FOR IMMEDIATE RELEASE
Loyola Again Sets New Enrollment Records
Tougher Admission Standards No Hindrance to Overall Enrollment
CHICAGO, August 24, 2004 Despite becoming more selective, Loyola University Chicago has set new enrollment records for the fourth year in a row, President Michael J. Garanzini, S.J., announced today.
The university projects an all-time record high of 7,331 full-time undergraduate students, a count that has increased by nearly 50 percent during the past five years. The previous record was 6,524, set 24 years ago. In addition, there are more overall full-time students, 11,558, on campus this year than in the past 20 years, and the university’s overall enrollment of 14,147 is the highest it has been in 10 years.
The new records follow three consecutive years of record freshman classes from 2001 to 2003. However, the overall enrollment can also be attributed to substantial growth in enrollment at the graduate level. The School of Social Work, for instance, is up by 33 percent in enrollment; the School of Education’s graduate program is up by 14 percent, and the number of doctoral students at the College of Arts and Science increased by 10 percent.
“I’m really not surprised. Students recognize Loyola for its outstanding faculty, and this is as much a testament to the faculty and an endorsement of their fine work as anything. Combine these incentives with the fact that we are in one of the most vibrant and leading cities of the world, and I think you can see why I’m not so surprised,” Garanzini said.
Despite the growth, the student to faculty ratio remains low, 13 – 1, and the university is expanding its physical plant with a new life sciences building due to open in January, several new dorms and planned development of its Water Tower Campus including a 51-story hi-rise that will bring 37,000 square feet on line for academic use.
Loyola also continues to be a top ranked national university, according to rankings released last week by the U.S. News & World Report rankings of “America’s Best Colleges.” In fact, Loyola improved upon its “Best Value” ranking by 22 points, climbing from 44th to 22nd in the list of universities that offer students the best value for the money they spend. The “Best Value” ranking is a calculation that compares a university’s overall ranking with total costs per student. Those costs can include tuition, books and other costs minus financial assistance students may receive.
The university also received a record number of applications from prospective freshmen and transfer students this year, up 13.5 percent from last year, noted Terry Richards, associate vice president of enrollment management at Loyola. The application pool combined with a traditionally strong scholarship program enabled the university to help more students pay for college, Richards said.
“We could not do this if people outside the university did not believe in our program,” Richards said. “I expect that we will continue to help more and more students, especially as our student classes become stronger. That’s one of the reasons we chose to raise the admission standards.”
The university is in the process of implementing a series of new initiatives this year including the first overhaul of its core curriculum in 20 years, establishing learning outcomes for students in numerous areas including ethics, critical thinking and writing. The initiatives also call for raising the admission standards, Richards said. For example, the average ACT score for freshmen is the highest it has been in recent history.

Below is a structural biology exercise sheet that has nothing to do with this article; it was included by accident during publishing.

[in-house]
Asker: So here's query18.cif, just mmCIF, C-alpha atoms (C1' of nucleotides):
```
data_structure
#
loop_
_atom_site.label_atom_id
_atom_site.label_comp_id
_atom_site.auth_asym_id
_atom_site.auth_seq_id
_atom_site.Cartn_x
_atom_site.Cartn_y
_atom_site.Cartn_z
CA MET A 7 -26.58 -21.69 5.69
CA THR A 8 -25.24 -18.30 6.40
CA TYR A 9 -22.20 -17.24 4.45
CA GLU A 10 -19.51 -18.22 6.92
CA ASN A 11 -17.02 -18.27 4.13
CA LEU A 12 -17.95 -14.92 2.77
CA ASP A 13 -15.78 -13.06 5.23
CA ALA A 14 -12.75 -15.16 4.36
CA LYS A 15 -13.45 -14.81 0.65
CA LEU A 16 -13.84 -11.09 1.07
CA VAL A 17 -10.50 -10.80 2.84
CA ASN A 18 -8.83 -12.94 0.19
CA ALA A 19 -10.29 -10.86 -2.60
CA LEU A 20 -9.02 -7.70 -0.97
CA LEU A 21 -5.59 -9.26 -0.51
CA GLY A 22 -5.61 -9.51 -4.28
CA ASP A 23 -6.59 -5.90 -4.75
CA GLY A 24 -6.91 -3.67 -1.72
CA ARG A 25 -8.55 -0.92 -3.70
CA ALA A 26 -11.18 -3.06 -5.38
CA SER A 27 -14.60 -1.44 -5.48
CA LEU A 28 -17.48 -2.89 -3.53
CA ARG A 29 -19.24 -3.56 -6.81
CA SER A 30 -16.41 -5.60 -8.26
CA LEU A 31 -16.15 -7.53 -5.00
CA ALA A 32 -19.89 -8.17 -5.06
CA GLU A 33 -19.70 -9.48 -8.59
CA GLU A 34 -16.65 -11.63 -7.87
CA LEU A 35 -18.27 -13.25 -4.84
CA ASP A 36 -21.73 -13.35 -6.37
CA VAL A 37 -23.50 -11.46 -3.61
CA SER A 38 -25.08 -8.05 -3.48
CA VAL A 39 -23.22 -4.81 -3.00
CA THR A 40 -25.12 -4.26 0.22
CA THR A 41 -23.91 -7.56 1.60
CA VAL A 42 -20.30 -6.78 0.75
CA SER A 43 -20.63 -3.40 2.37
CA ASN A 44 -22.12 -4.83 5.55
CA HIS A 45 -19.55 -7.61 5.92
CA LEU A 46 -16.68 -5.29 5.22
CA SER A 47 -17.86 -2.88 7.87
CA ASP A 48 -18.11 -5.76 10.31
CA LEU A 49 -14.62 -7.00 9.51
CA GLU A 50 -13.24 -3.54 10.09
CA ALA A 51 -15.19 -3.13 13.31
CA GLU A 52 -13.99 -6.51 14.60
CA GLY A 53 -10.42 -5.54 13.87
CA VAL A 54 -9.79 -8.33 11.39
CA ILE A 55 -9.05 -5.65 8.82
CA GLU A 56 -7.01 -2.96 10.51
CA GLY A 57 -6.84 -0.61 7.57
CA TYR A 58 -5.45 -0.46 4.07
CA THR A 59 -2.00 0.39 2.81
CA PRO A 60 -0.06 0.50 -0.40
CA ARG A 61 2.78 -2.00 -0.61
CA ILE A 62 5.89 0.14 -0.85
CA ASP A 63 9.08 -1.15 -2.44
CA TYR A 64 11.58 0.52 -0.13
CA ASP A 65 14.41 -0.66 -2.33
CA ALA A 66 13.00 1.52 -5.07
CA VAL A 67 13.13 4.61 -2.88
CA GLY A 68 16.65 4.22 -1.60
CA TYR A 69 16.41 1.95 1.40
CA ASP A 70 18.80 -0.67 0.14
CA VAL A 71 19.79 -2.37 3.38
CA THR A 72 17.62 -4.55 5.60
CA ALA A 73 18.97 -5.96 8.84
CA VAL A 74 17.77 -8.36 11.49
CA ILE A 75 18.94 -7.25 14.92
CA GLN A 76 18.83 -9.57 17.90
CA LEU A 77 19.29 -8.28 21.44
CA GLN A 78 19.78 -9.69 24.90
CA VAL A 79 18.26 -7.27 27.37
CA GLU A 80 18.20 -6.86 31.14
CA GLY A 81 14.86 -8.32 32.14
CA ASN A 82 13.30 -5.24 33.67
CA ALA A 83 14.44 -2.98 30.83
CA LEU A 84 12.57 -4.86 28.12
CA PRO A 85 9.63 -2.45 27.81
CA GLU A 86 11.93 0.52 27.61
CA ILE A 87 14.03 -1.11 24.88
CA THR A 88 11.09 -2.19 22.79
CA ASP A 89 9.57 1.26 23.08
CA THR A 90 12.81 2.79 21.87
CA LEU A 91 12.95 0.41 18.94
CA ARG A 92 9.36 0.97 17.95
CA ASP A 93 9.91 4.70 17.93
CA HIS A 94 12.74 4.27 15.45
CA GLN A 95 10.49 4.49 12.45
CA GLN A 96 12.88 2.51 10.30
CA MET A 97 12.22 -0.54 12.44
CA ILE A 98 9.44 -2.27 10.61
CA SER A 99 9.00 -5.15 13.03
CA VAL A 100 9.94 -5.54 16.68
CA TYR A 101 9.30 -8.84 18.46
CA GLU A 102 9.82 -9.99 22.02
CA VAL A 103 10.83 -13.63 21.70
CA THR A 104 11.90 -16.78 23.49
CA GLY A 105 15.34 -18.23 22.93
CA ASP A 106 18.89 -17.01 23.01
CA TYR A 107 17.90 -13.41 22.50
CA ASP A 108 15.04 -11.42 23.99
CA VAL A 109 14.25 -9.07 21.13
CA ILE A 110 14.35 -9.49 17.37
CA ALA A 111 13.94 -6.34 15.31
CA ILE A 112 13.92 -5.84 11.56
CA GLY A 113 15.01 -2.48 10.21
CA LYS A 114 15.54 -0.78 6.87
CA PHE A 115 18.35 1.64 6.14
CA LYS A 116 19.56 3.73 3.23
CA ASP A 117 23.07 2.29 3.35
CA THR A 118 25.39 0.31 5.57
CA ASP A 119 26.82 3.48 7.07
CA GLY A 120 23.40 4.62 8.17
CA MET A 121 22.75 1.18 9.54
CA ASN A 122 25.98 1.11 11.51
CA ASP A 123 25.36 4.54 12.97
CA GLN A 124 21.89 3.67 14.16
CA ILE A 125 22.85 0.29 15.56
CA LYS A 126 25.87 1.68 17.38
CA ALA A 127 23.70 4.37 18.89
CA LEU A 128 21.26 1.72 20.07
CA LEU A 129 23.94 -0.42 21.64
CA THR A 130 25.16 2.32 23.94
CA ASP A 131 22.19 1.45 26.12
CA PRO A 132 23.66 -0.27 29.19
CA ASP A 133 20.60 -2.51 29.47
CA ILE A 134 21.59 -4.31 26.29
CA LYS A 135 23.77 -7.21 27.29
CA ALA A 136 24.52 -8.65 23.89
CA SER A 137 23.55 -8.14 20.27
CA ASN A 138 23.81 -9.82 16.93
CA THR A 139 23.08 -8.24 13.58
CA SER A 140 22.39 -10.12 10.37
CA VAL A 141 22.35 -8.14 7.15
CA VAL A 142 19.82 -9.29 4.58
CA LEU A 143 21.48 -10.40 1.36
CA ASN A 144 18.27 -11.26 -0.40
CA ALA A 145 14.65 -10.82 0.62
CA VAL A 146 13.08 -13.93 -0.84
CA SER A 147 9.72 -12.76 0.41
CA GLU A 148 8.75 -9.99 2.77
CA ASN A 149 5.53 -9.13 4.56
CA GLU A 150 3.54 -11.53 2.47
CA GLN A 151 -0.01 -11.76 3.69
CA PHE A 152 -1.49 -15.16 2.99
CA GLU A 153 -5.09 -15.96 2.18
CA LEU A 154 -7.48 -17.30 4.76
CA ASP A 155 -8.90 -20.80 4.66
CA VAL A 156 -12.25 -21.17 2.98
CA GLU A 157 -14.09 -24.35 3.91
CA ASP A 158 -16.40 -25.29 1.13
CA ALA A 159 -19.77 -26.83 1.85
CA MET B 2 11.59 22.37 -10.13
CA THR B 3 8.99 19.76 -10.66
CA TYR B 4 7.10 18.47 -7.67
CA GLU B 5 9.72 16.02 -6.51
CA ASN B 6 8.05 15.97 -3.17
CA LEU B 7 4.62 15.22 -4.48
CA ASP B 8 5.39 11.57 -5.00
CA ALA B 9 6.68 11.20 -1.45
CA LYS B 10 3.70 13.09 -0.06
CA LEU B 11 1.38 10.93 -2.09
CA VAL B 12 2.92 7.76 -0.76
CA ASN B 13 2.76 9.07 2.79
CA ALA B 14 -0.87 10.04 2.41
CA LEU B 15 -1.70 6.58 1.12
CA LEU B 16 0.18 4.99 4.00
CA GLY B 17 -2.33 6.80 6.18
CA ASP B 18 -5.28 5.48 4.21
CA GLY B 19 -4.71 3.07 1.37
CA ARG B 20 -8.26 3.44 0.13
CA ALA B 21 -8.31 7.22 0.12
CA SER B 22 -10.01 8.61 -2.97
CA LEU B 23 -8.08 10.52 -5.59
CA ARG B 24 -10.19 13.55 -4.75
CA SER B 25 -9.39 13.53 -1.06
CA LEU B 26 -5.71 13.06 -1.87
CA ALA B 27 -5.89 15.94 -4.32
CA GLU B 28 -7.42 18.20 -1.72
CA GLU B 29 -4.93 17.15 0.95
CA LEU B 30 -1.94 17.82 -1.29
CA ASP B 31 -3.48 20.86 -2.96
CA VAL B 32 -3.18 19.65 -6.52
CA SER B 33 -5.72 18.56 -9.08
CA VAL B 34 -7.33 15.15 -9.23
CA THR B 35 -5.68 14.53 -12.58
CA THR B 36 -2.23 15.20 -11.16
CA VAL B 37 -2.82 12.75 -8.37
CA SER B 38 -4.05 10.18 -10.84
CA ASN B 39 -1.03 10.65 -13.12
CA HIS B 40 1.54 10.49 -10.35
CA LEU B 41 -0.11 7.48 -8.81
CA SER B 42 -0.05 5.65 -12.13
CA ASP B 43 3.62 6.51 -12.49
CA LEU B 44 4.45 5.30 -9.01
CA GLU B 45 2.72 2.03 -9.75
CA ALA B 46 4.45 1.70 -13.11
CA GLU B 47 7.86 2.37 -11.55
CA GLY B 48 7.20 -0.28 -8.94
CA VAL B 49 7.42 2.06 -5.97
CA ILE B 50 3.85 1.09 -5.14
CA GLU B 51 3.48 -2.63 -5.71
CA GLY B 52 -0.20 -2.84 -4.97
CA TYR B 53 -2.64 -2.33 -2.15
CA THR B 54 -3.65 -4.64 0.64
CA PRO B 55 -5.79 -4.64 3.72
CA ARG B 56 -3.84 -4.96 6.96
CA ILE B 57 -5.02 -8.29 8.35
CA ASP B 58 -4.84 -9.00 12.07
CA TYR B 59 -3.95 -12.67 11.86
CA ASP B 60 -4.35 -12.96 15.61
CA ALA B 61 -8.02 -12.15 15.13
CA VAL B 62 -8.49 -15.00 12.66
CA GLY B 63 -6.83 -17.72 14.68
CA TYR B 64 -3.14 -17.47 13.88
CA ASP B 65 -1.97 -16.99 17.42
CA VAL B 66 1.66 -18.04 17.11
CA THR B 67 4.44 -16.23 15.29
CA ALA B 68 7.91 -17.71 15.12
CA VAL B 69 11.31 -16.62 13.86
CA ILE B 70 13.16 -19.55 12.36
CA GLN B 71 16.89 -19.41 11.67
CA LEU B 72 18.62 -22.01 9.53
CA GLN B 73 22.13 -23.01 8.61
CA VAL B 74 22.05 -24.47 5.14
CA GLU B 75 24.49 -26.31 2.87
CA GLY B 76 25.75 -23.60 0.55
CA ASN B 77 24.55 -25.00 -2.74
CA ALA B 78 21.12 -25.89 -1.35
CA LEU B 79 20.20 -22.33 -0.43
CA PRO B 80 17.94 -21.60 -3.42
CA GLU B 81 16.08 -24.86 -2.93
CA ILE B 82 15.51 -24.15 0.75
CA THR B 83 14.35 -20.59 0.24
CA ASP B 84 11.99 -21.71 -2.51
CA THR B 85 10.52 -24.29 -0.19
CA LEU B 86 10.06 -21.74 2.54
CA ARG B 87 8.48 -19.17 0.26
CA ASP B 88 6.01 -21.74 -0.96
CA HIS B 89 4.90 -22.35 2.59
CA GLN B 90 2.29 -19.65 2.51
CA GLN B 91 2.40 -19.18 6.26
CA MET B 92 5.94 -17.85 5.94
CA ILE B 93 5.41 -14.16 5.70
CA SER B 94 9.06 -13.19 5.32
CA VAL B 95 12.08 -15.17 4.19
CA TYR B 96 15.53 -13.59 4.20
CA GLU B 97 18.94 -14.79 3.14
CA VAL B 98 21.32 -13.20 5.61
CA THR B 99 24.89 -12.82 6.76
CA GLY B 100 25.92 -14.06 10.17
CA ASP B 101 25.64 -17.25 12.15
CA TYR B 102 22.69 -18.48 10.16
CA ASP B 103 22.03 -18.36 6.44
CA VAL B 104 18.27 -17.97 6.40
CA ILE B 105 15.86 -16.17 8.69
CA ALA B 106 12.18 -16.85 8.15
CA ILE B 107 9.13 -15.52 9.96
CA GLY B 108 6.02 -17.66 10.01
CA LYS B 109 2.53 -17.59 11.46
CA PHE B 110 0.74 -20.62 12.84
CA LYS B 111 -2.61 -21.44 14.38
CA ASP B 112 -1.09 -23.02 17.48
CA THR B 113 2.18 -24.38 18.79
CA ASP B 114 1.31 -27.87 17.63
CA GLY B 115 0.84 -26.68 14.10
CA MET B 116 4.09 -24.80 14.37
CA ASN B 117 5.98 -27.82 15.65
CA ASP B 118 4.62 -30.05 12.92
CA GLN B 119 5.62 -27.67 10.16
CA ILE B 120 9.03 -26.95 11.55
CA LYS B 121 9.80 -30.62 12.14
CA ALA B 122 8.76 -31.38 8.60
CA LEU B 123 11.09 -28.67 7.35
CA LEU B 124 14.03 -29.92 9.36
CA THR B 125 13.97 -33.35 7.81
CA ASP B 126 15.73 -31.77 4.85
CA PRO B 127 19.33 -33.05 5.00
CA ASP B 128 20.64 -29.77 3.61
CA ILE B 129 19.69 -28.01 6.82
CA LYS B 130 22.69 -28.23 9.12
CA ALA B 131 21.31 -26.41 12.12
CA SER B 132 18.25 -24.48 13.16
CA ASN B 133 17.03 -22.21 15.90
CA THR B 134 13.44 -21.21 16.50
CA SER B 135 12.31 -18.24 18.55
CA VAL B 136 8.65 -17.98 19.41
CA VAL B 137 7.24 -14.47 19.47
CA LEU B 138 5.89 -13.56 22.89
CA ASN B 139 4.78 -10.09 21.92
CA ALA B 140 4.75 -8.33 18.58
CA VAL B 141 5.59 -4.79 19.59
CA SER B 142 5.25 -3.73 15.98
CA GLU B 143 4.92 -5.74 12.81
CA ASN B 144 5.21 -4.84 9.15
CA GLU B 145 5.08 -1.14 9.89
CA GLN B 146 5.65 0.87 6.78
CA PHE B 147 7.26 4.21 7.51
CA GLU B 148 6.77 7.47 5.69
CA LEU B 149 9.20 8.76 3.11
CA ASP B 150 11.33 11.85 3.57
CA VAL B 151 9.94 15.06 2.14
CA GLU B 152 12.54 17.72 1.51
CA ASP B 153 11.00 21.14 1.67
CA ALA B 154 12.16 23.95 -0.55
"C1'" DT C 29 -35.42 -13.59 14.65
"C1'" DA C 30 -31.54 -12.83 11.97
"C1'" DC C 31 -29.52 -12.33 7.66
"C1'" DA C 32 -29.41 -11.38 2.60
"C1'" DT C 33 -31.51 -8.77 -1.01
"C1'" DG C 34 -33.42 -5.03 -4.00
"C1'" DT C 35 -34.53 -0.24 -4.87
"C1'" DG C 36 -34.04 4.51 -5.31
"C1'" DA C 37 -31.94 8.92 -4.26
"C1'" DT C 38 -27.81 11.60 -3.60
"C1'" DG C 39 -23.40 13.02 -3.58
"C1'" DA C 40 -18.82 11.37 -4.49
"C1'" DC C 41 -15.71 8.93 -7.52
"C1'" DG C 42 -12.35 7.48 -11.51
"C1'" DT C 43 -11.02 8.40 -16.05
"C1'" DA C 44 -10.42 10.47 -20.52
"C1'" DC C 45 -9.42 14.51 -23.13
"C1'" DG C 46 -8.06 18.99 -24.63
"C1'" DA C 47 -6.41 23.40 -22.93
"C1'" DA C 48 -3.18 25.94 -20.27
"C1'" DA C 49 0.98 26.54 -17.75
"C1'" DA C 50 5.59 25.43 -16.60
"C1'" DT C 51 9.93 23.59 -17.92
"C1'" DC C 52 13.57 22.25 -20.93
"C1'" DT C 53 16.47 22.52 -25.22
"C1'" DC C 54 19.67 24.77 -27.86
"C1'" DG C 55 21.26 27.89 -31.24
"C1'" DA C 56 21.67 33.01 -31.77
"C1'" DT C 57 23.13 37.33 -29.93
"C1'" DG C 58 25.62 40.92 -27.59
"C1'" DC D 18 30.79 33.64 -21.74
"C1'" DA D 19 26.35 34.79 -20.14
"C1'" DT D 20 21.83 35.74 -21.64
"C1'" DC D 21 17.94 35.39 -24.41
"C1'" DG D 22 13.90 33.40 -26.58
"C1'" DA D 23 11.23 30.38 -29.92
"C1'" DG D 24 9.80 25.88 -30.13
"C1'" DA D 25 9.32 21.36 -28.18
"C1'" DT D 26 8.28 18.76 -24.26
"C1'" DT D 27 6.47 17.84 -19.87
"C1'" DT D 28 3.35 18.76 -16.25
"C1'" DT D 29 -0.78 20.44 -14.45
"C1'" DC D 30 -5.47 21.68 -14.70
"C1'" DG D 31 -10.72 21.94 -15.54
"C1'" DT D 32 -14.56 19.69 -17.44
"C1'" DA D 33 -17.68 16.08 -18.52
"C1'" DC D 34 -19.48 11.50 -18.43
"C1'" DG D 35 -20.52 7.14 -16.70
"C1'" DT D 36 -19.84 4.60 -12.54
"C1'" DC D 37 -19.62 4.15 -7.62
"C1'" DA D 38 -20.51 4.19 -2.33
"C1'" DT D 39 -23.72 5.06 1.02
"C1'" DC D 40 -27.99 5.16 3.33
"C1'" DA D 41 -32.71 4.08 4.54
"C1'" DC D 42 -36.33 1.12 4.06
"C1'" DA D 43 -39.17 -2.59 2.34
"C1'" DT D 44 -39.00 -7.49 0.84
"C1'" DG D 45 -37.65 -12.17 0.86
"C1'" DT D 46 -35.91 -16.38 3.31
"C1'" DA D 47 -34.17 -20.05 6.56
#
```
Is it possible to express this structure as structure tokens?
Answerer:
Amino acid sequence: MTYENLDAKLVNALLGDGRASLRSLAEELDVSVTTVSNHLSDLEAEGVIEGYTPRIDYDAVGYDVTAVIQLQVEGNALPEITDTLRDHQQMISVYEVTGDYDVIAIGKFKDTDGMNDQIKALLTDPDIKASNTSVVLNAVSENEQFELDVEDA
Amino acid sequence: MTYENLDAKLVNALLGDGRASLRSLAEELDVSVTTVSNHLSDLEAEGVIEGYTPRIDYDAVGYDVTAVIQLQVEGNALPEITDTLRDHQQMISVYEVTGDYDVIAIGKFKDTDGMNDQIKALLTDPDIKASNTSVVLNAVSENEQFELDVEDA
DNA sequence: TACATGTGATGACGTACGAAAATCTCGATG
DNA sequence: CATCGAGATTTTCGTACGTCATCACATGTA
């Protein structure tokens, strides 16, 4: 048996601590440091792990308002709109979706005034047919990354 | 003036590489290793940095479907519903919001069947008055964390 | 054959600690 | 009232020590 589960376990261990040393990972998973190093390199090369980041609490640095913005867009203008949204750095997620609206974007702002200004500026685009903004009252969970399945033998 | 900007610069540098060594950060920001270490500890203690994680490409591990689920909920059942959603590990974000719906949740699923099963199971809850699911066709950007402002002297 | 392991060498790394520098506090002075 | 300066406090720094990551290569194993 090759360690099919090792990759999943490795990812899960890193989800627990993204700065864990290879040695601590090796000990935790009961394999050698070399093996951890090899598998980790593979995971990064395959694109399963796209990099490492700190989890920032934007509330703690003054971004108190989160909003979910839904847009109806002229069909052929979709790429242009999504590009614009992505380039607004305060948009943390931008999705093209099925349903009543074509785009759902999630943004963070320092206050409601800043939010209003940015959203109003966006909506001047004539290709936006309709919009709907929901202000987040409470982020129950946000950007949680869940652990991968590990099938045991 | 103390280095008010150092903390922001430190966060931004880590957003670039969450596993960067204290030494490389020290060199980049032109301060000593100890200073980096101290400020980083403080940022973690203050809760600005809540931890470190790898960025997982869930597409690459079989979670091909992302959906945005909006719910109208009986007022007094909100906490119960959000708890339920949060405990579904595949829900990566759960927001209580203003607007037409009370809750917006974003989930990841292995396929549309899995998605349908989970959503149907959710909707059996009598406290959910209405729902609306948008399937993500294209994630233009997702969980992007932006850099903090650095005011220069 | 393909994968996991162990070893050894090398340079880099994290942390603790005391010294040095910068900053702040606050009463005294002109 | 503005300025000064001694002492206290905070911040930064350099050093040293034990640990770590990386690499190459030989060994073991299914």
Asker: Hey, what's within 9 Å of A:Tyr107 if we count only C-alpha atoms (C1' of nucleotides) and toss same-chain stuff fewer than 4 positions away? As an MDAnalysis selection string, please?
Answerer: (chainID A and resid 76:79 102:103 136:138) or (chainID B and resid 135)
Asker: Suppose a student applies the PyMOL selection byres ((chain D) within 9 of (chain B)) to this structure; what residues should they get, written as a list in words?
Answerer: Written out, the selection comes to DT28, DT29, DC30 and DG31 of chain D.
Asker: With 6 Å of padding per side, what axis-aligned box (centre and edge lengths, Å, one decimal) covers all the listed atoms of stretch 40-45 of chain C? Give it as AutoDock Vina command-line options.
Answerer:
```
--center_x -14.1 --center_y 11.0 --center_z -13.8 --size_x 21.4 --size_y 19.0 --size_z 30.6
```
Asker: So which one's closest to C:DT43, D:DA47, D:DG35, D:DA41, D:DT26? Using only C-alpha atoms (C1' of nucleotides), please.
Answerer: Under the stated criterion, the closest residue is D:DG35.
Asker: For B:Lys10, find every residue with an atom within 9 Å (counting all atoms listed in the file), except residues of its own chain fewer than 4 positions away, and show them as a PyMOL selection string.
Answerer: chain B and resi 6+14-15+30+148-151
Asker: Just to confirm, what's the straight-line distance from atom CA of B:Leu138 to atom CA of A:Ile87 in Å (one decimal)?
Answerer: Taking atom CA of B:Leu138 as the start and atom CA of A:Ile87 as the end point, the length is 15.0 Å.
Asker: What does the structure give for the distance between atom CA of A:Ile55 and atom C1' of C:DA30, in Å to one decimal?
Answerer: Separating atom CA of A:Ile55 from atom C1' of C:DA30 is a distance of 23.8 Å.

By raising the admission standards, the university elected to be more selective in the number of students it accepted, significantly lowering its acceptance rate, and as a result projected an enrollment of fewer freshmen this year, 1,875, compared to last year to ensure academic excellence. “The end result will be an extremely strong academic program that will attract the best students in the overall market,” said Vice Provost John Frendreis.
Jack Wall, dean of the School of Social Work, observed that increases at his school and other graduate programs is the result of collaborative efforts between the faculty and the graduate and professional enrollment program to enhance students’ engagement with the university and their schools.
“Enrollment at the School of Social Work is clearly the result of university-wide efforts to enhance its reputation as a research institution as well as an academic center. I suspect that reputation will only grow as our graduates begin their extraordinary careers,” said Social Work Dean Jack Wall. “It’s a very exciting time at Loyola.”
About Loyola University Chicago
Committed to preparing people to lead extraordinary lives, Loyola University Chicago was founded in 1870 and is among the largest of the 28 Jesuit colleges and universities in the United States. Loyola has a total enrollment of more than 15,000 students, which includes 10,000 undergraduates hailing from all 50 states and 82 foreign countries. The University has four campuses: three in the greater Chicago area and one in Rome, Italy. Loyola also serves as the U.S. host university to the Beijing Center for Chinese Studies in Beijing, China. Loyola’s nine schools and colleges include arts and sciences, business administration, education, graduate studies, law, medicine, nursing, professional studies, and social work. Loyola offers 69 undergraduate majors, 77 master’s degrees, 36 doctoral degrees, and three professional degree programs. Recognizing Loyola’s excellence in education, U.S. News and World Report has ranked Loyola consistently among the “top national universities” in its annual publications. For more information, please visit our web site at www.luc.edu.